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Case Study – Hurricane Katrina


At least 1,500 people were killed and around $300 billion worth of damage was caused when Hurricane Katrina hit the south-eastern part of the USA. Arriving in late August 2005 with winds of up to 127 mph, the storm caused widespread flooding. 

Physical impacts of Hurricane Katrina


Physical impacts of Hurricane Katrina

Hurricanes can cause the sea level around them to rise, this effect is called a storm surge. This is often the most dangerous characteristic of a hurricane, and causes the most hurricane-related deaths. It is especially dangerous in low-lying areas close to the coast.

There is more about hurricanes in the weather section of the Met Office website https://www.metoffice.gov.uk/research/weather/tropical-cyclones/facts

Hurricane Katrina tracked over the Gulf of Mexico and hit New Orleans, a coastal city with huge areas below sea-level which were protected by defence walls, called levees. The hurricane’s storm surge, combined with huge waves generated by the wind, pushed up water levels around the city.

The levees were overwhelmed by the extra water, with many collapsing completely. This allowed water to flood into New Orleans, and up to 80% of the city was flooded to depths of up to six metres.

Hurricane Katrina also produced a lot of rainfall, which also contributed to the flooding.

In pictures

House and car destroyed by the hurricane
House and car destroyed by the hurricane
Flooded New Orleans street
Flooded New Orleans street
Boat on top of a house
Boat on top of a house

Strong winds
The strongest winds during 25-30 August were over the coastal areas of Louisiana and Florida. A map of the maximum wind speeds which were recorded during the Hurricane Katrina episode is shown. Although the winds did not directly kill many people, it did produce a storm surge over the ocean which led to flooding in coastal areas and was responsible for many deaths.

Satellite Image

hurricane katrina
Fig. 1 Satellite Image of Hurricane Katrina, 28 August 2005 at 2045 GMT. Courtesy NOAA/CIMSS/SSEC.


Fig 2. Illustration showing different wave heights on a shoreline. Image courtesy of NOAA.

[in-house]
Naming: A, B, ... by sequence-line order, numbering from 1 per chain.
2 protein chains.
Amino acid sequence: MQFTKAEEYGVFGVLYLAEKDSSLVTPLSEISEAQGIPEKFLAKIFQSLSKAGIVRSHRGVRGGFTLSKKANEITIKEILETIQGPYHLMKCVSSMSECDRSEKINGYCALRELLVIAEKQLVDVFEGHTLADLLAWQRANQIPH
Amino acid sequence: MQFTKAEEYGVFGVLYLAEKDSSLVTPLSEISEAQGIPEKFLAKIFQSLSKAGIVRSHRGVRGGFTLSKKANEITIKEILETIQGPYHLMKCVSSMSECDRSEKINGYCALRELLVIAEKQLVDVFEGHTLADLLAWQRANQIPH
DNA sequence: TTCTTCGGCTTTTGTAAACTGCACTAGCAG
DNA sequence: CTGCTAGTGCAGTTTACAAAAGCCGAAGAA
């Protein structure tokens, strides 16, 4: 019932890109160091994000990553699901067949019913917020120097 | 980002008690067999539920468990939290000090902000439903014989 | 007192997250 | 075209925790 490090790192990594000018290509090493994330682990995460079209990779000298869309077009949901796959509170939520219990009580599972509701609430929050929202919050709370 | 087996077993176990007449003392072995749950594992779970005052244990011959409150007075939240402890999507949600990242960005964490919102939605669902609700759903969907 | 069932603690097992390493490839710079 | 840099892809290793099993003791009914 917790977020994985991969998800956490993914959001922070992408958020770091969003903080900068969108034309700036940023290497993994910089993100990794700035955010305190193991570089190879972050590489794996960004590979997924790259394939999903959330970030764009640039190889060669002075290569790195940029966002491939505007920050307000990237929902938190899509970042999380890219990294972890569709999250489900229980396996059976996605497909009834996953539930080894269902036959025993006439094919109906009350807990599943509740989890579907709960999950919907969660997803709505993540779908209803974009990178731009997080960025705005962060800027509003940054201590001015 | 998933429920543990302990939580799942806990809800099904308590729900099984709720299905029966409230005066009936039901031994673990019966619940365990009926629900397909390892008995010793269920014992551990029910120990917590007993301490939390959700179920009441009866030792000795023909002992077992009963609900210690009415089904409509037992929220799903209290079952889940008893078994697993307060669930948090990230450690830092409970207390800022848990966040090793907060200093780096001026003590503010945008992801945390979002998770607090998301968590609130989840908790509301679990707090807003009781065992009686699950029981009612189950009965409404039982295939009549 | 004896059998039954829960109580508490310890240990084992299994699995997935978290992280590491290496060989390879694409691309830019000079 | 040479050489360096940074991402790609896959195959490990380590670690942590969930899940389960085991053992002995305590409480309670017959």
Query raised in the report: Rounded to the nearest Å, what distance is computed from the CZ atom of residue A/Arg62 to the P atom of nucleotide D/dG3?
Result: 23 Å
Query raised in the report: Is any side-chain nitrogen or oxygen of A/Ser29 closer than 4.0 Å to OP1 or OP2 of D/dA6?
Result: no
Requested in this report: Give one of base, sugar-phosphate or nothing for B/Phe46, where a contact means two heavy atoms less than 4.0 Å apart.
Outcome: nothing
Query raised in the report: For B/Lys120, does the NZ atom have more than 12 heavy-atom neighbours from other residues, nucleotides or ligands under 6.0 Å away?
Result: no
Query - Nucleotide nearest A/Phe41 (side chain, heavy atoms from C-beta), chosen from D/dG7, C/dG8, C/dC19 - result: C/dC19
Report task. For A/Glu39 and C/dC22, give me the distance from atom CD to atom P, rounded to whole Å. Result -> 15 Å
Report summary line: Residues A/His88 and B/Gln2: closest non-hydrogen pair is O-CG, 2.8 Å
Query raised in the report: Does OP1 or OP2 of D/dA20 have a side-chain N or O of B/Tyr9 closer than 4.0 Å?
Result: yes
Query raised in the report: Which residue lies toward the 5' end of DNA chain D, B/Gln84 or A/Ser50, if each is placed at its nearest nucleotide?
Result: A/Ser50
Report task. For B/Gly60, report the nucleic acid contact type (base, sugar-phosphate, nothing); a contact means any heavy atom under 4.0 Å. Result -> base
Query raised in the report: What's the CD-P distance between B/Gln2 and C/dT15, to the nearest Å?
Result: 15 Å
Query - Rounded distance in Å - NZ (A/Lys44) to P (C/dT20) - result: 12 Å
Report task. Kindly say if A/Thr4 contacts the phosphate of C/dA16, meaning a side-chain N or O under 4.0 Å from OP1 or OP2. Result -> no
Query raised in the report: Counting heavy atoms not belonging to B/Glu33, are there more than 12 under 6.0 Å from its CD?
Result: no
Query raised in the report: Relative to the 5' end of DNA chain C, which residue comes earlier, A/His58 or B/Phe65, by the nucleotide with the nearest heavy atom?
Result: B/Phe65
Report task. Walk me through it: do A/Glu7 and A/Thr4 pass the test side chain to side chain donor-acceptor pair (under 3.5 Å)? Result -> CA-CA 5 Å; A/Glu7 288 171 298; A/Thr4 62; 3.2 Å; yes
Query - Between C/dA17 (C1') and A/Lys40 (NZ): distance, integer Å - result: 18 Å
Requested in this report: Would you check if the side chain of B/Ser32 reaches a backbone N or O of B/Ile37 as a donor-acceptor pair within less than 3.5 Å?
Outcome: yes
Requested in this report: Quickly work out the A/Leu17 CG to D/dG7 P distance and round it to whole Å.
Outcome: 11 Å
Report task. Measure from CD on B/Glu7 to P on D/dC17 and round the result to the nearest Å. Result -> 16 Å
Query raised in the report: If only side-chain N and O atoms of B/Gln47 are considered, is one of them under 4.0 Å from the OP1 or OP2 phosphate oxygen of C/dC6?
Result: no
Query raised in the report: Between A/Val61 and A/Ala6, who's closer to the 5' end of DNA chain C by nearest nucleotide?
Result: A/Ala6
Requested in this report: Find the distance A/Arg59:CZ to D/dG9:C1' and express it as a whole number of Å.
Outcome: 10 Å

Fig 2. Illustration showing different wave heights on a shoreline. Image courtesy of NOAA.

Hurricanes can create tornadoes. Thirty-three tornadoes were produced by Hurricane Katrina over a five-day period, although only one person died due to a tornado which affected Georgia.

Impact on humans

  • 1,500 deaths in the states of Louisiana, Mississippi and Florida.
  • Costs of about $300 billion.
  • Thousands of homes and businesses destroyed.
  • Criminal gangs roamed the streets, looting homes and businesses and committing other crimes.
  • Thousands of jobs lost and millions of dollars in lost tax incomes.
  • Agricultural production was damaged by tornadoes and flooding. Cotton and sugar-cane crops were flattened.
  • Three million people were left without electricity for over a week.
  • Tourism centres were badly affected.
  • A significant part of the USA oil refining capacity was disrupted after the storm due to flooded refineries and broken pipelines, and several oil rigs in the Gulf were damaged.
  • Major highways were disrupted and some major road bridges were destroyed.
  • Many people have moved to live in other parts of the USA and many may never return to their original homes.


The broken levees were repaired by engineers and the flood water in the streets of New Orleans took several months to drain away. The broken levees and consequent flooding were largely responsible for most of the deaths in New Orleans. One of the first challenges in the aftermath of the flooding was to repair the broken levees. Vast quantities of materials, such as sandbags, were airlifted in by the army and air force and the levees were eventually repaired and strengthened.

Although the USA is one of the wealthiest developed countries in the world, it highlighted that when a disaster is large enough, even very developed countries struggle to cope.

Weather Map

Fig 3. Map of America showing highest wind speeds. Image courtesy of NOAA.
Fig 3. Map of America showing highest wind speeds. Image courtesy of NOAA.

Web page reproduced with the kind permission of the Met Office

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